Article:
Clonidine Overdose Treatment
Clonidine overdose symptoms may present similarly to opioid overdose.8 Unlike treatment for many other types of drug overdose (including opioid overdose), activated charcoal and lavage are not recommended for clonidine due to the “rapid onset of CNS depression and the inherent risk for aspiration.”8 Maintaining proper hemodynamic status (meaning ensuring adequate blood flow) and sufficient respiratory exchange are crucial in treating an overdose. Maintaining adequate respiratory exchange can be accomplished by using assisted or controlled ventilation. Attempts may be made to treat severe respiratory depression resulting from a clonidine overdose with high doses of the opioid antagonist naloxone, which may be administered intravenously and simultaneously with respiratory resuscitation efforts. However, the results can be mixed and ventilation machines may be necessary.8
Someone who overdoses on clonidine may be struggling with an addiction, which is a chronic, relapsing disease in which someone continues using a substance despite knowing the negative consequences. According to the American Psychiatric Association’s Diagnostic and Statistical Manual of Mental Disorders, some of the signs of addiction include:10
- Taking larger or more frequent amounts of the substance than originally intended.
- Making unsuccessful attempts to cut down or stop substance use.
- Spending a lot of time trying to obtain, use, and recover from the effects of the substance.
- Experiencing cravings for the drug.
- Failing to fulfill obligations at school, work, or home due to drug use.
- Continuing drug use despite persistent social or interpersonal problems that are caused by the substance.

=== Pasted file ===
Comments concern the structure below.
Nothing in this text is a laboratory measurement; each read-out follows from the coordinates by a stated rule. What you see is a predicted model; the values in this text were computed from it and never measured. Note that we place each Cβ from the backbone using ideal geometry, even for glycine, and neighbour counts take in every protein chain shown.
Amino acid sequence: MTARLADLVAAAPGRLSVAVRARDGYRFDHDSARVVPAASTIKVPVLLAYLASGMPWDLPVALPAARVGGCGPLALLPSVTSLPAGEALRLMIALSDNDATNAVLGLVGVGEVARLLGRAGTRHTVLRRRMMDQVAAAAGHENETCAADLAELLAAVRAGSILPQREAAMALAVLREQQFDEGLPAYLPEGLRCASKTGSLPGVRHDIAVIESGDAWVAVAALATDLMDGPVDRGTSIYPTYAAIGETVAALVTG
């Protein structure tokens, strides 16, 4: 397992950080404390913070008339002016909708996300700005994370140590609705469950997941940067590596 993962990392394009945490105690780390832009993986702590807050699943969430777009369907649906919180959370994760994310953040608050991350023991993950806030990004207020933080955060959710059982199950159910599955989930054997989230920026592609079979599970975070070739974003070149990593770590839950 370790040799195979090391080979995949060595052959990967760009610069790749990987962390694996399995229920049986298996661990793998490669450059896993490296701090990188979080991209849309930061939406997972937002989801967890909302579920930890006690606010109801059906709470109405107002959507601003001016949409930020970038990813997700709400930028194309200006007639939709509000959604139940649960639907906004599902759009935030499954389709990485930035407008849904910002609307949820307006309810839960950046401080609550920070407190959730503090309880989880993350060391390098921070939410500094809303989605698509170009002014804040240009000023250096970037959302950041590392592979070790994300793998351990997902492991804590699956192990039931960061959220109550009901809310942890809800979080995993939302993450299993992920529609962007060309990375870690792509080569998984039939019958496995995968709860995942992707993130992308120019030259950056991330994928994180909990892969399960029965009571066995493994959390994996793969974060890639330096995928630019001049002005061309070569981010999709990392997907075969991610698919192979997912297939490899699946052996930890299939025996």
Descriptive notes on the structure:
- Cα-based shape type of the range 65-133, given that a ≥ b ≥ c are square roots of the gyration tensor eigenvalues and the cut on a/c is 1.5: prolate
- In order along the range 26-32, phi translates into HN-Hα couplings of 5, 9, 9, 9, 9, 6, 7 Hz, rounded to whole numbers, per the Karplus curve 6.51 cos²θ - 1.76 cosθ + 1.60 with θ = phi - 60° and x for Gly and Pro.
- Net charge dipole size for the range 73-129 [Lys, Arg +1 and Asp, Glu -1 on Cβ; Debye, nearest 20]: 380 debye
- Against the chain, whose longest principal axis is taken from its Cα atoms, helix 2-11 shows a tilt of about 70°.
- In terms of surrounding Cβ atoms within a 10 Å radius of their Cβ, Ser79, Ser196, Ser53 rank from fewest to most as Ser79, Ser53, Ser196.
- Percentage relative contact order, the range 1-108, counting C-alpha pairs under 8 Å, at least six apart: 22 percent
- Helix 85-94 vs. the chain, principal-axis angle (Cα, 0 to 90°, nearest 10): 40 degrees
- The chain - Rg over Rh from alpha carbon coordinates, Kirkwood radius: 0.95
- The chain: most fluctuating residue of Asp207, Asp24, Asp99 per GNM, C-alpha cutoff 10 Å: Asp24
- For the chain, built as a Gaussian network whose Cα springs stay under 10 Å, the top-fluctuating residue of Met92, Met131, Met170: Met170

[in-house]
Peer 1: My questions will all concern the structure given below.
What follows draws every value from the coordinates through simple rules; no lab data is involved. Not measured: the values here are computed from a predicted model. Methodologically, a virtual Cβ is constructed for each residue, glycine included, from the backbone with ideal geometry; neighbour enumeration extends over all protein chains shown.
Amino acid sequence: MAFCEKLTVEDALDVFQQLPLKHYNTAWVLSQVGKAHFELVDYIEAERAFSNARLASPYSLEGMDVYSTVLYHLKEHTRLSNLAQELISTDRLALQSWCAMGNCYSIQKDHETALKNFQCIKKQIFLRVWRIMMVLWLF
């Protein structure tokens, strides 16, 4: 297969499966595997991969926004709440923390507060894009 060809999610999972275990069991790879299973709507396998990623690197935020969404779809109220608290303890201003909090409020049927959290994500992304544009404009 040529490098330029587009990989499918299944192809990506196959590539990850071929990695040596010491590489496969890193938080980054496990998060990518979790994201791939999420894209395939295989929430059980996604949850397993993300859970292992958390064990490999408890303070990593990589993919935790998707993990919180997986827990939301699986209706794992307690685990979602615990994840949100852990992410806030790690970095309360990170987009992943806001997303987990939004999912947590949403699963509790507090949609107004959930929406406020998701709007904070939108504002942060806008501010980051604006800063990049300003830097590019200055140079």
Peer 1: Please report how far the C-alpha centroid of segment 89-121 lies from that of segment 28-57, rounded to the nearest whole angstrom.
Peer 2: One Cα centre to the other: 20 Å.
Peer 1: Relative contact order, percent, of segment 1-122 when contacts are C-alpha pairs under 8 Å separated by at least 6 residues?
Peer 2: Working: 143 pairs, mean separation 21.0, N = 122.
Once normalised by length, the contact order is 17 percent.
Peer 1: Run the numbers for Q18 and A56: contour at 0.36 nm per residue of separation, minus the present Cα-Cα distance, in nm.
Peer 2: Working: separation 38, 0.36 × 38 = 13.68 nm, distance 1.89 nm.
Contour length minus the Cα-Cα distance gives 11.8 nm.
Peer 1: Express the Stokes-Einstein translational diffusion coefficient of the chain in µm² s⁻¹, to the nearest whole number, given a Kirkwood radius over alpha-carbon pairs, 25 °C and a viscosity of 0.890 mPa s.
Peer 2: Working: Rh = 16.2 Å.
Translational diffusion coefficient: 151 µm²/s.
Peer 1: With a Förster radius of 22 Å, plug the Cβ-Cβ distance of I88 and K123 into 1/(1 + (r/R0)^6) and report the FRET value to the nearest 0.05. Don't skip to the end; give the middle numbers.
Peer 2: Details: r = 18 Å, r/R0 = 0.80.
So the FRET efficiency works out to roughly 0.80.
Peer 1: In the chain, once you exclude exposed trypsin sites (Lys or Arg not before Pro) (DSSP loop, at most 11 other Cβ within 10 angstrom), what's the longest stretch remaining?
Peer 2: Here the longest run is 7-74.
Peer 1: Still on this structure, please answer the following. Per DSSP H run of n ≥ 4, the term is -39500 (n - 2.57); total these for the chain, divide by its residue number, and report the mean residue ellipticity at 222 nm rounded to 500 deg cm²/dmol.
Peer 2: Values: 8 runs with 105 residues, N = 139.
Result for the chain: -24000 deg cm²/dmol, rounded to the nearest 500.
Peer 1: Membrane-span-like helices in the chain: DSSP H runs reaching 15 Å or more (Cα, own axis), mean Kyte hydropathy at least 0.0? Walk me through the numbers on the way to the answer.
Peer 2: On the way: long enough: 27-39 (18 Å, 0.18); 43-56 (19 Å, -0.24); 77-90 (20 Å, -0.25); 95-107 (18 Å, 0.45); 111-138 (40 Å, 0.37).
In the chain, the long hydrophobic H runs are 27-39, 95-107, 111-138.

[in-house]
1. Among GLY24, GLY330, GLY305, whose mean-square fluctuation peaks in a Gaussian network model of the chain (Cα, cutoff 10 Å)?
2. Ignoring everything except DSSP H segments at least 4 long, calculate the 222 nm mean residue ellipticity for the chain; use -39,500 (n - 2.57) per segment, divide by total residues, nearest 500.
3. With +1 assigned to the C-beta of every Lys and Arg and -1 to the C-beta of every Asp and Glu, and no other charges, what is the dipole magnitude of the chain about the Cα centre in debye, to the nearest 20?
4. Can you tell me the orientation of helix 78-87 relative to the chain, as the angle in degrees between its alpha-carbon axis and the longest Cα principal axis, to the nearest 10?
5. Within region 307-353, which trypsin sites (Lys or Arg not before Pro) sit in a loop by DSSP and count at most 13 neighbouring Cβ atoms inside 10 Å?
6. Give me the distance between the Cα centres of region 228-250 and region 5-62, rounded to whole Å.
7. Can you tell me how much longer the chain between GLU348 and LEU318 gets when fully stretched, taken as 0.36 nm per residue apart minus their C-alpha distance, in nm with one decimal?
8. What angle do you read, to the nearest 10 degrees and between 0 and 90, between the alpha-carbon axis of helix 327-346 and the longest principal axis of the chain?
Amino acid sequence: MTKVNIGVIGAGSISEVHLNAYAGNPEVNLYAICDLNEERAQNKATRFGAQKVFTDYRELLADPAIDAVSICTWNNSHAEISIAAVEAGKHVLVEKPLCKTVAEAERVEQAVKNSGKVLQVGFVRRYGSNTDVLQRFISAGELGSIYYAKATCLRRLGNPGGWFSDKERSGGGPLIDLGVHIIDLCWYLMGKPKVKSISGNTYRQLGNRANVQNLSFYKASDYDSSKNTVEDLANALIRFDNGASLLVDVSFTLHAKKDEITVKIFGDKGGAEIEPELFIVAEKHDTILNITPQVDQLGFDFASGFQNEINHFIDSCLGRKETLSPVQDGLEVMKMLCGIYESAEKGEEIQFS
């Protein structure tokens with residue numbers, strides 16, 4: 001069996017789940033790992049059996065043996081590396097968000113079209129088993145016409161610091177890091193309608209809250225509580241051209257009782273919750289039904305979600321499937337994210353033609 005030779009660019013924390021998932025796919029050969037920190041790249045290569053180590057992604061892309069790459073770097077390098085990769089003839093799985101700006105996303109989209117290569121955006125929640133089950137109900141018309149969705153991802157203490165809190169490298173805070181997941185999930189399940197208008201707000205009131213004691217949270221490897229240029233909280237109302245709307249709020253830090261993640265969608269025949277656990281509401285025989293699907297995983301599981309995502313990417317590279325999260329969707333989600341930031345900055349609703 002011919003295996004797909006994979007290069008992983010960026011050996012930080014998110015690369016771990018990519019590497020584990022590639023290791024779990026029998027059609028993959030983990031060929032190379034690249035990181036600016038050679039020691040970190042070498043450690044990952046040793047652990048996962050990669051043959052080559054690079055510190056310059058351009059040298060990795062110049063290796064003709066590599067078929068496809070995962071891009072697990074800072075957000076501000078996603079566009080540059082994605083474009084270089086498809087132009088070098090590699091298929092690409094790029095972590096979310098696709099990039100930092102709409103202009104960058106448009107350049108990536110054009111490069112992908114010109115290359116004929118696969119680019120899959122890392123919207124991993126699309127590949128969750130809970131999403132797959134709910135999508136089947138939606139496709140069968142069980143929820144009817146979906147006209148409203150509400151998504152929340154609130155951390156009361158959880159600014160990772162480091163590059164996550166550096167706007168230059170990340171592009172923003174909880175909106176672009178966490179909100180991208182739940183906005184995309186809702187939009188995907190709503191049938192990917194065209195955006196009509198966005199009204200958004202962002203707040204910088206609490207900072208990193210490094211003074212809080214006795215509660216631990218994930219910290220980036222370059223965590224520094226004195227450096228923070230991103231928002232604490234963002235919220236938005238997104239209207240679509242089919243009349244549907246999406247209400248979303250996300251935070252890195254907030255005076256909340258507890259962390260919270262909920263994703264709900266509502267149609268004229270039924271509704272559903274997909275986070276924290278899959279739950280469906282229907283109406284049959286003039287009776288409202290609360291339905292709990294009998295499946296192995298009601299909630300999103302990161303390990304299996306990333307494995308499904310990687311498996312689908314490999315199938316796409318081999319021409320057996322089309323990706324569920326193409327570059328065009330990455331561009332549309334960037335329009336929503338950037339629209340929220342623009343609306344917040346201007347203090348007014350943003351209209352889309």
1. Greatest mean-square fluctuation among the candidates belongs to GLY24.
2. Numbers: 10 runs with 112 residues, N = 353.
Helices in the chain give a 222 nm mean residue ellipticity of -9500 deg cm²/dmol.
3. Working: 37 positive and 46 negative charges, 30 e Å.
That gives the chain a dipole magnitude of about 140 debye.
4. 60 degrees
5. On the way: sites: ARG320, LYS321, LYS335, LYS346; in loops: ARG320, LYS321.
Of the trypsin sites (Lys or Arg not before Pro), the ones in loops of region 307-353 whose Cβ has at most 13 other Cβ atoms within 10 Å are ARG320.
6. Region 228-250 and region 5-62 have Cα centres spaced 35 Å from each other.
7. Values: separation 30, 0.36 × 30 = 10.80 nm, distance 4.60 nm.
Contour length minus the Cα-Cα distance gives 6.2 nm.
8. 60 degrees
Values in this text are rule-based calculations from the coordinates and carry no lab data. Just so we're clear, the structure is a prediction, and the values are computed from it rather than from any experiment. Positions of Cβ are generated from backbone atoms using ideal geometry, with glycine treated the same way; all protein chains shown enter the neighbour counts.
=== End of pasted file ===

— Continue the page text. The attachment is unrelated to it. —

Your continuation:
- Taking the substance when it’s physically unsafe to do so (operating machinery, driving, etc.).
- Continuing substance use despite knowing that you have a physical or psychological problem that is probably the result of the substance.
- Tolerance (meaning that you need more of the drug to achieve previous results).
- Withdrawal (meaning that you experience negative physical or psychological symptoms when you try to stop using).
- U.S. National Library of Medicine. (2017). MedlinePlus, Clonidine.
- Dennison, S. (2001). Clonidine abuse among opiate addicts. The Psychiatric Quarterly, 72(2), 191–5.
- National Institute on Drug Abuse. (2017). Intentional vs. Unintentional Overdose Deaths.
- Harm Reduction Coalition. (n.d.). Tolerance.
- Toxicology Data Network. (2012). Clonidine.
- Griffin, M. L., Kolodziej, M. E., & Weiss, R. D. (2009). Measuring principal substance of abuse in comorbid patients for clinical research. Addictive Behaviors, 34(10), 826–829.
- National Institute on Alcohol Abuse and Alcoholism. (2014). Harmful Interactions: Mixing alcohol with medicines.
- Missouri Poison Center. (2011). Poison Alert: Clonidine.
- Klein-Schwartz, W. (2002). Trends and toxic effects from pediatric clonidine exposures. Archives of Pediatric and Adolescent Medicine, 156(4), 392–396.
- American Psychiatric Association. (2013). Diagnostic and Statistical Manual of Mental Disorders (5th ed.). Arlington, VA: American Psychiatric Publishing.